On this trip we are incredibly excited to be spending most of our time up along the Tioga Road and especially around the Tuolumne Meadows area. At 8,500 feet, the temperatures at this elevation should be moderate and bearable, but it is the promise of experiencing the higher sierra that has us really anticipating our visit.

The image above with Half Dome standing large in front of Clouds Rest was made on a perfect summer evening from Glacier Point. Looking back up Tenaya Canyon toward the high country, you can’t help but sense the wonder of what must be a spectacular and unparalleled wilderness. Can’t wait to see it for ourselves.

We are currently researching and planning how we can squeeze every last ounce of Yosemite into our trip, so if you know of any must-see hikes to add to our itinerary, please share in the comments.

The Graduate

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Sam graduated from high school today, and we could not be more proud of him. Today’s graduation ceremonies signaled the start of what is likely to be one of the most important transitions in his life, and as parents we can only hope he is ready for what lies ahead of him.

Enjoying school and posting a stellar academic record throughout his career, his motivation to learn has forever been impressive. He has spent considerable time on the practice and game fields learning life lessons and reaping the benefits of athletic competition, though lately he has poured his energy into after-school activities that have tested his intellect, his leadership skills, and his emotions.

As we gathered to congratulate the newly minted graduates and take post-ceremony photographs, we marveled at how Sam has forged friendships that will be strong enough to last a lifetime. We are extremely proud of our eldest son… the young man he has become and the the older brother he will always be. Having family with us to share in the weekend festivities was pretty special, and as Sam prepares for the many changes he will now have to navigate, we are confident that he is indeed ready for the challenge.

Congratulations big man… we are all very proud of you!

Making an Impression

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I love making this type of image. On the one hand I get to experiment and channel my inner artist to create something that is unique and personal, yet on the other hand the technique used is so simple that anyone can make this kind of image.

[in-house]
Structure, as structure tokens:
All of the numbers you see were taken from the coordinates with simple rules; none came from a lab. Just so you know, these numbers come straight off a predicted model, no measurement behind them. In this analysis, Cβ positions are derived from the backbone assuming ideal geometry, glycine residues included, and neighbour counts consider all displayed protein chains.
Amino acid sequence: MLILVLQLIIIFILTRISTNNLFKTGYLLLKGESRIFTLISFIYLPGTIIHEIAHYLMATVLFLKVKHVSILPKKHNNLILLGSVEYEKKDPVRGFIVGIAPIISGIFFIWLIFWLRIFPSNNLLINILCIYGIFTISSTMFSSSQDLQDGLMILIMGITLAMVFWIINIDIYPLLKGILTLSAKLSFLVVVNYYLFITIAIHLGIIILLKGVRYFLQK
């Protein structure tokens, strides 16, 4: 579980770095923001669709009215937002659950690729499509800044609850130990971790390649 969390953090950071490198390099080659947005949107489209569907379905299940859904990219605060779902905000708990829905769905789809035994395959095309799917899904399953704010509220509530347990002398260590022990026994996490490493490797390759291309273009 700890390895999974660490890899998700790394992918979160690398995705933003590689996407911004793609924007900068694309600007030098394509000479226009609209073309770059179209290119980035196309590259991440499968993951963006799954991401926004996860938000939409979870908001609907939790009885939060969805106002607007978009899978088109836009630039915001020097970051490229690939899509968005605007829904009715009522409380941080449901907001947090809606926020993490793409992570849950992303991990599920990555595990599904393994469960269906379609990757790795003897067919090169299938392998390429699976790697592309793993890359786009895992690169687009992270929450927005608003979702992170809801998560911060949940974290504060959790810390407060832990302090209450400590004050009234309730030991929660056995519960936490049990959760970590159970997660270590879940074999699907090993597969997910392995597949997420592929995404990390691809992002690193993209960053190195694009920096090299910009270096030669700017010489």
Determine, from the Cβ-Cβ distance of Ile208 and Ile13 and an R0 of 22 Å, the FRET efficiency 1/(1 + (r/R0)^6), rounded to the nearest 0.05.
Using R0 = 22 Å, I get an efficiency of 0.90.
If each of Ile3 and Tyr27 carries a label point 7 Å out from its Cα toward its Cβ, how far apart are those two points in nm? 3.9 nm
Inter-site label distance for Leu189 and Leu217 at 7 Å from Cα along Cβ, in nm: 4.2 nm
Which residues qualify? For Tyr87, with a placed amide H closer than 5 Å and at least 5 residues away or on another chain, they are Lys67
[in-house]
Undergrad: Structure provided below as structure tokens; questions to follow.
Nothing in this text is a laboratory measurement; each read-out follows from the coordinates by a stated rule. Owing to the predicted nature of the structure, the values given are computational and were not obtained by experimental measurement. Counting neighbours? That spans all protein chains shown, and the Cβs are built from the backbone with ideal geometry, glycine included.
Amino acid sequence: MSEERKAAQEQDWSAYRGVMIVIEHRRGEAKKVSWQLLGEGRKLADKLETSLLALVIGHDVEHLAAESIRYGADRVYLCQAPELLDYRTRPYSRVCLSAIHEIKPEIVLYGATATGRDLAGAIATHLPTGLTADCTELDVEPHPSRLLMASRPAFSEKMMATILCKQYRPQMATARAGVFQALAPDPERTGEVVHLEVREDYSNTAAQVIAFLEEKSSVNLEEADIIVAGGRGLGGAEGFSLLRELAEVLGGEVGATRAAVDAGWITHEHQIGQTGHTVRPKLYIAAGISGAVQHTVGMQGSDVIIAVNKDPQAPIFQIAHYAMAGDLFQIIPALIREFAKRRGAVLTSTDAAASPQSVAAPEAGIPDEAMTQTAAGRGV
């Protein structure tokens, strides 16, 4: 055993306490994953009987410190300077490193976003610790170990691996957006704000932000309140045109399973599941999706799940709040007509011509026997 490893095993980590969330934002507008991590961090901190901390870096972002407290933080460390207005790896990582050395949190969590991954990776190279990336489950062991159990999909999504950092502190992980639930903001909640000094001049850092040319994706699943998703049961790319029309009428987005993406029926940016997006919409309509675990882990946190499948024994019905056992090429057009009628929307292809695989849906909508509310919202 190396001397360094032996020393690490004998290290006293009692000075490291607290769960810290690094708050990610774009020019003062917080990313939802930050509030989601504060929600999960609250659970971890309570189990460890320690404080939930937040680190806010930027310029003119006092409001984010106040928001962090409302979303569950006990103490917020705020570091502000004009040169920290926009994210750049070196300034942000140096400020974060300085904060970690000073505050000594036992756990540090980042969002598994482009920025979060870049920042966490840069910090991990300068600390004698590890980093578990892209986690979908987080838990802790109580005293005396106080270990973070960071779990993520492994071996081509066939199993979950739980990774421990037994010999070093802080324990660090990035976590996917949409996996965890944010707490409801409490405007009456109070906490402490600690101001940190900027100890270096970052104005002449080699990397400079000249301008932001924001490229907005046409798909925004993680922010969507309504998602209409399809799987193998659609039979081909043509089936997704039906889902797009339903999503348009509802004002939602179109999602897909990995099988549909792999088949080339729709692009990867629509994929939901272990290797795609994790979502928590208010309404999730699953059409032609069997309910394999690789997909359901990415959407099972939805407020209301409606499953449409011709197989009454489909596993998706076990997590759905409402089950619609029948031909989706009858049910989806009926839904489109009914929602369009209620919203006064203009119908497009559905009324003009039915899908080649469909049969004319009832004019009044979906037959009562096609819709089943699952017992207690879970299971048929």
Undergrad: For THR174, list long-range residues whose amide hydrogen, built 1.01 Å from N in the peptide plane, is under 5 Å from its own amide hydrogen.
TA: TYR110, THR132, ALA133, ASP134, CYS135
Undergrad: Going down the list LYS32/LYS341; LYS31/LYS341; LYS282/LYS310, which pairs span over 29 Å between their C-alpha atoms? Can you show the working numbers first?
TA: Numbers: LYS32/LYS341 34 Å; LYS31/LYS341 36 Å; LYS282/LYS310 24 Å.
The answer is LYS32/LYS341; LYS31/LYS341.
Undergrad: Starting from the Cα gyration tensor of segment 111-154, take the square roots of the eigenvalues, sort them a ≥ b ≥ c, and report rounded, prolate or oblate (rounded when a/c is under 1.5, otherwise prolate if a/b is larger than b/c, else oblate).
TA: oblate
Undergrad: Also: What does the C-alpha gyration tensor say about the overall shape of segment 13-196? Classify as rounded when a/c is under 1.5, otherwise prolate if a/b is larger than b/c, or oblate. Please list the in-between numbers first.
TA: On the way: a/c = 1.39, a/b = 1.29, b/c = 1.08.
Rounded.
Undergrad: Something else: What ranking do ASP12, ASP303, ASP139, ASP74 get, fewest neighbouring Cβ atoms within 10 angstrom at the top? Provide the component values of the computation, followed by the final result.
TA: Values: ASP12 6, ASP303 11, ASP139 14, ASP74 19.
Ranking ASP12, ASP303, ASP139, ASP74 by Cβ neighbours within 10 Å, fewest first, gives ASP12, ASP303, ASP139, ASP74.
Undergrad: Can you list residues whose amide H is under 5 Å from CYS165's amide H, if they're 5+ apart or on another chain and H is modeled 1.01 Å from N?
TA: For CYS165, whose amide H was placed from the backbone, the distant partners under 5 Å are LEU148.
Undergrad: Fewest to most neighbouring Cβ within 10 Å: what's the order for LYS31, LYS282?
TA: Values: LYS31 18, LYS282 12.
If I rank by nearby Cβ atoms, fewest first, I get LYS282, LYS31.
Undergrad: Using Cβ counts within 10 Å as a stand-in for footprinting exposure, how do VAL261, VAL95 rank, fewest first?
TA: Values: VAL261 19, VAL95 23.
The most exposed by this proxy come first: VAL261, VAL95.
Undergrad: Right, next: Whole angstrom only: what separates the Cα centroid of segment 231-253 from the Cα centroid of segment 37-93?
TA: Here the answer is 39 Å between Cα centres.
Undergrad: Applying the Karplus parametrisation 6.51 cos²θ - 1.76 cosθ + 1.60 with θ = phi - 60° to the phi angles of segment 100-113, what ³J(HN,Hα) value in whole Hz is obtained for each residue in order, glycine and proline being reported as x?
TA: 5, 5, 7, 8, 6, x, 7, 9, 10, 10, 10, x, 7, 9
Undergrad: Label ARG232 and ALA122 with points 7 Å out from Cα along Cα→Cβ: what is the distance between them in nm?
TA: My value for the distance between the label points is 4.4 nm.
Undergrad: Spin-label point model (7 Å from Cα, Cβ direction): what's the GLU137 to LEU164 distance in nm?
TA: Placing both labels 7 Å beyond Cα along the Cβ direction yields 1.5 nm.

Similar to traditional landscape photography, choosing what to include in the composition and where each element is placed within the frame in relation to each other is key… as of course is the quality of light. I look for compositions where moving the camera through the scene will define and accentuate shapes, shadows, colors and lines. To me there is almost a painterly feel to these impressionistic scenes, and in some there is a luminosity and glow when the elements all blend together. Trees are a favorite subject of mine for this style of image, and in the one above I returned to a favorite place.

The path leading from the Nature Center past the Wild Gardens of Acadia and toward the Jesup Trail takes you by some beautiful tall grasses and several stands of birch trees that, in the right light, are absolutely spectacular. I choose a shutter speed of 0.5 seconds and let the camera select the corresponding aperture that it thinks will render a correct exposure. I then pan the camera in a vertical movement while the shutter is open, check the histogram to make any necessary exposure adjustments, and then go to work on trying to capture a scene that I like.

The images below were all created using a similar technique – each was captured on a wonderful hike to Bubble Rock earlier on this same day. As I wandered along the trail, the fresh spring leaves on the canopy were being backlit by the morning sun, and the intense greens contrasting with the rain-soaked earthy browns of the trees and trail made for some striking opportunities.

I think a big part of what I like about this style of photography is that every time the shutter is pressed the result is different. I can make a dozen images of exactly the same scene, and depending on the speed and direction of movement employed, each will be unique. Though I realize that these images are not everyone’s cup of tea, I am intrigued by them and that’s what matters most :)


Bubble Pond Bridge, Acadia National Park

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This will be my last post for a while with “Bubble” in the title ;)

Built in 1928, the Bubble Pond Bridge is classic Acadia. Part of the network of carriage trails and bridges financed by John D. Rockefeller Jr. and designed by Welles Bosworth and Charles Stoughton, this bridge is a remarkable example of local elements being combined in architectural design.

Though beautiful and incredibly detailed in their construction, each of the bridges of Acadia National Park blends so well into the surroundings that one might be forgiven for not even noticing them. There are 17 bridges scattered throughout the 45 miles of auto-free carriage trails on the eastern side of Mount Desert Island, and they stand as a reminder of why the Rockefellers gifted much of this land for preservation and trust.